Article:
DOD and DVA to Intensively Study PTSD and mTBI

In recent years there has been a lack of clear criteria within the military for diagnosis and treatment of PTSD and this resulted in the reversal of close to 40 percent of PTSD diagnoses.  There is some evidence that 15-20% of all returning combatants from OEF/OIF and Afghanistan have PTSD, and this has led to a concerted effort by the Department of Defense (DOD) and the Department of Veterans Affairs (DVA) to improve the situation.

It was recently announced that traumatic brain injury (TBI) and post-traumatic stress disorder (PTSD) will begin using new criteria for diagnosis and treatment in the military, DOD, and by DVA at VA hospitals. Both the DOD and DVA announced last month an investment of more than $100 million for research into improving diagnosis and treatment of mild TBI (mTBI) and PTSD. Two groups, the Consortium to Alleviate PTSD (CAP) and the Chronic Effects of Neurotrauma Consortium (CENC) will be jointly managed by VA, and by the Congressionally Directed Medical Research Programs (CDMRP), on behalf of the DOD. According to Assistant Secretary of Defense for Health Affairs Jonathan Woodson, “these consortia will bring together leading scientists and researchers devoted to the health and welfare of our nation’s service members and veterans.” He added, “a primary goal of CENC is to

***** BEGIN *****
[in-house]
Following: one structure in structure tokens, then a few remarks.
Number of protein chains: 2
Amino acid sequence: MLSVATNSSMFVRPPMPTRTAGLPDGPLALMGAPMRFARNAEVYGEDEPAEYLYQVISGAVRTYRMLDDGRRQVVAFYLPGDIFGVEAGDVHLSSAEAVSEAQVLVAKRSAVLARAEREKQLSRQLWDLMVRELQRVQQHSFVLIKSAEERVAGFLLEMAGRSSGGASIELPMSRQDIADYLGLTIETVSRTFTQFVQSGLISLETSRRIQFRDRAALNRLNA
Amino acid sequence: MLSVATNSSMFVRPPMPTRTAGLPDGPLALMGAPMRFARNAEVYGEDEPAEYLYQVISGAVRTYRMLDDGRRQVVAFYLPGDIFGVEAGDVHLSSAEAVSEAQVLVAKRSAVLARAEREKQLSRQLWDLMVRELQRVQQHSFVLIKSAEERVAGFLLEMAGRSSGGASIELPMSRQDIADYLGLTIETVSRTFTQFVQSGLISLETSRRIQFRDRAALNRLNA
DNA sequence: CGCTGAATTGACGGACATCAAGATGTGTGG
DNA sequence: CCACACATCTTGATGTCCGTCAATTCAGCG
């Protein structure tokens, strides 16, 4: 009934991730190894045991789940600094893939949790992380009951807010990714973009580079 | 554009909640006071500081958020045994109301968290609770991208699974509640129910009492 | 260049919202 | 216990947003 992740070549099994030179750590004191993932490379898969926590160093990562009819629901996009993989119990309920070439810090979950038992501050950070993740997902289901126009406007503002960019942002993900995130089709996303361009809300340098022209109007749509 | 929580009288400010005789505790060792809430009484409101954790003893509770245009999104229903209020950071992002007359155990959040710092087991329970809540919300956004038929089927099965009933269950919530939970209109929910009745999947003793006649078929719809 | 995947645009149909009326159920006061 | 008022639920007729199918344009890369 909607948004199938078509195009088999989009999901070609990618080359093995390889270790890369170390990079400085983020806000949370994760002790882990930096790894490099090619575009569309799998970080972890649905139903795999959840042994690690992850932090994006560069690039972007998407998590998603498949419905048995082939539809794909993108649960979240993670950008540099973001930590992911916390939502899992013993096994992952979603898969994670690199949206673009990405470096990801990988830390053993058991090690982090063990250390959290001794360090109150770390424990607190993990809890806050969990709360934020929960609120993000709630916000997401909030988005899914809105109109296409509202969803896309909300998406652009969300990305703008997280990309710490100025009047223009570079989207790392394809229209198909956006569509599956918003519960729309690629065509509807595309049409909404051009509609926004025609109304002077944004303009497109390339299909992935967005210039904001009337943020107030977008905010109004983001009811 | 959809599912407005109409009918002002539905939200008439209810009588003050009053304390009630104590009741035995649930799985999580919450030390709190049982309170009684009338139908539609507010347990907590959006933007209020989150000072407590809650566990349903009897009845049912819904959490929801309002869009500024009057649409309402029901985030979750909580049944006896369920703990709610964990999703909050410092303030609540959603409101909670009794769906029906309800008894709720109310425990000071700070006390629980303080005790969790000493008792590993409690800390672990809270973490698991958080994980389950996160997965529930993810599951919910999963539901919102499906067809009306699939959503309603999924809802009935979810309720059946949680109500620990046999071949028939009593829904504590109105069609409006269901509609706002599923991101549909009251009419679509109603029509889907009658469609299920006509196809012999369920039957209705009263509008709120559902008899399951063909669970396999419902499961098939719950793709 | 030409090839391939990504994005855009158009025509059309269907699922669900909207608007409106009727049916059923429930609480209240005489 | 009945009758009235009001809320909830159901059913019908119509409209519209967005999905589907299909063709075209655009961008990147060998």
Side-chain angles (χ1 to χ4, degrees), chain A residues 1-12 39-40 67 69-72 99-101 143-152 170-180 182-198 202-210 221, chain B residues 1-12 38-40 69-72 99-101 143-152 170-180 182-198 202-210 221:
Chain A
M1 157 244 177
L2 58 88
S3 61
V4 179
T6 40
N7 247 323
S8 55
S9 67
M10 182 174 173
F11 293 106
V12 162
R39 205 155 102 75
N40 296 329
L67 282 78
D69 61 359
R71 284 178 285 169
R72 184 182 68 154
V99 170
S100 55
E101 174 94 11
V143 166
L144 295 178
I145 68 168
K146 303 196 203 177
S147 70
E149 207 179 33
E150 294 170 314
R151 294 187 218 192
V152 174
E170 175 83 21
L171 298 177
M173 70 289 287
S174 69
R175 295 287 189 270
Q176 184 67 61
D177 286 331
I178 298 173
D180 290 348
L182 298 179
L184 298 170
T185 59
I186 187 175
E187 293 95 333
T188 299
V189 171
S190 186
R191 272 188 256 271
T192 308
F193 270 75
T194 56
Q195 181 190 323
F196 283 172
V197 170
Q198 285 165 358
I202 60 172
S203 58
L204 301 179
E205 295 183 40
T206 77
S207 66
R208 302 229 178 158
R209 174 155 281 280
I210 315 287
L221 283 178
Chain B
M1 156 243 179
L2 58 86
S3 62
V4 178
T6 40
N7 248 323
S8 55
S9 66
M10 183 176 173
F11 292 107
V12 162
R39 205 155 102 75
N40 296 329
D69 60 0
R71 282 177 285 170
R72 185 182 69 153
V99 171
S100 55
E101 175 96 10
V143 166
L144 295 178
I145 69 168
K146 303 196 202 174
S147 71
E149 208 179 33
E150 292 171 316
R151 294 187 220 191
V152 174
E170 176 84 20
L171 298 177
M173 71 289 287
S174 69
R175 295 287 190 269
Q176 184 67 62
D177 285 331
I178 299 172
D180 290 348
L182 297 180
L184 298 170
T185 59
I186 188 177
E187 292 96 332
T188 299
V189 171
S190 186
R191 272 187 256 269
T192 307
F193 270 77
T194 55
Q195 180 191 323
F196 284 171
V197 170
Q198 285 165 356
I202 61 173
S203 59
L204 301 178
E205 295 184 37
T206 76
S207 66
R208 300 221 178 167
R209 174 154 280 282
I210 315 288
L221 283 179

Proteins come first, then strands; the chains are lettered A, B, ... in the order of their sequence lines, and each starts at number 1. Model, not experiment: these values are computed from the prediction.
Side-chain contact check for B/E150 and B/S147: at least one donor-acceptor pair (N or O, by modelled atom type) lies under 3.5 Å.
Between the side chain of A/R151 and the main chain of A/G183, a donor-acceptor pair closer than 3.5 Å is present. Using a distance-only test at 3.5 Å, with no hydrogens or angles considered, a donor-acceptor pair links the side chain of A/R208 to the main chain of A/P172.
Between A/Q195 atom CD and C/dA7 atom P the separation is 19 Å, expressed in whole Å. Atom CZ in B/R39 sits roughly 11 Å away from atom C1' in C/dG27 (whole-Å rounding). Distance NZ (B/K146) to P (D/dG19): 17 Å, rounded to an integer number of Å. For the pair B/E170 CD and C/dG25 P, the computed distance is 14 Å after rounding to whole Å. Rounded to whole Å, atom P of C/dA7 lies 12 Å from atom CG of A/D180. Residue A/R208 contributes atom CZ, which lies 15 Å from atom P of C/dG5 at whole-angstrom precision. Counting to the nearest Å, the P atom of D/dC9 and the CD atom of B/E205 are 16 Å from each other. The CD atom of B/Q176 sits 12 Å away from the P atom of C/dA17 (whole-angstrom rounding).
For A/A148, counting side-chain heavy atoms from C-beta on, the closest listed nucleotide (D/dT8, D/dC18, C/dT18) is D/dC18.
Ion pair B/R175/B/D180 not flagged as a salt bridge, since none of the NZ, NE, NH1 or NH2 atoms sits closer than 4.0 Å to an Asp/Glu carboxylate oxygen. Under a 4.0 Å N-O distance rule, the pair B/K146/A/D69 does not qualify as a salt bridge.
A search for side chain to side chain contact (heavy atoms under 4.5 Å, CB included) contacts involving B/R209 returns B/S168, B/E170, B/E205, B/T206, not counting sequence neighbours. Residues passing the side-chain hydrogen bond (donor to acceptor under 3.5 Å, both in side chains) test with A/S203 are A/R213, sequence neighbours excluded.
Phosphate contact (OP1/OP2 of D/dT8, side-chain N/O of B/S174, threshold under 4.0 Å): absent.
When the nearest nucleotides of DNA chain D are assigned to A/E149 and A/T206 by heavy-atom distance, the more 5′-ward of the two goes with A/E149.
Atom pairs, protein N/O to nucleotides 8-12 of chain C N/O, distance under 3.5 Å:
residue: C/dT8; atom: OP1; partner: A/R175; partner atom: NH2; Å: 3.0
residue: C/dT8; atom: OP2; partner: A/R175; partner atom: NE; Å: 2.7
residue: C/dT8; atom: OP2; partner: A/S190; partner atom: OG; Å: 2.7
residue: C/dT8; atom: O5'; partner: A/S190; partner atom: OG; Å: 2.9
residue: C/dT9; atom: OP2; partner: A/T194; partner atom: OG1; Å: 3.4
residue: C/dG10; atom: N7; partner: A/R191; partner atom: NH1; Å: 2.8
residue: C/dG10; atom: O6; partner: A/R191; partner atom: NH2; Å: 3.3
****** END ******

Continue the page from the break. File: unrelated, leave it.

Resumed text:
As reported in Time online:
– For PTSD, CAP “will study potential indicators of the trauma, as well as prevention strategies, possible interventions, and improved treatments. Biomarker-based research will be a key factor in CAP’s studies,” the CDMRP says. PTSD afflicts some troops after combat tours, and causes anxiety, depression and other mental ills.

– For mTBI, CENC will try “to establish an understanding of the after-effects of a mTBI. Potential comorbidities also will be studied; that is, conditions associated with and worsen because of a neurotrauma,” the CDMRP says. TBI is a physical wound – a concussion – usually suffered by troops near the shock waves of an improvised explosive device. It can bruise the brain and cause mood changes, fatigue and sleeping more – or less – than usual.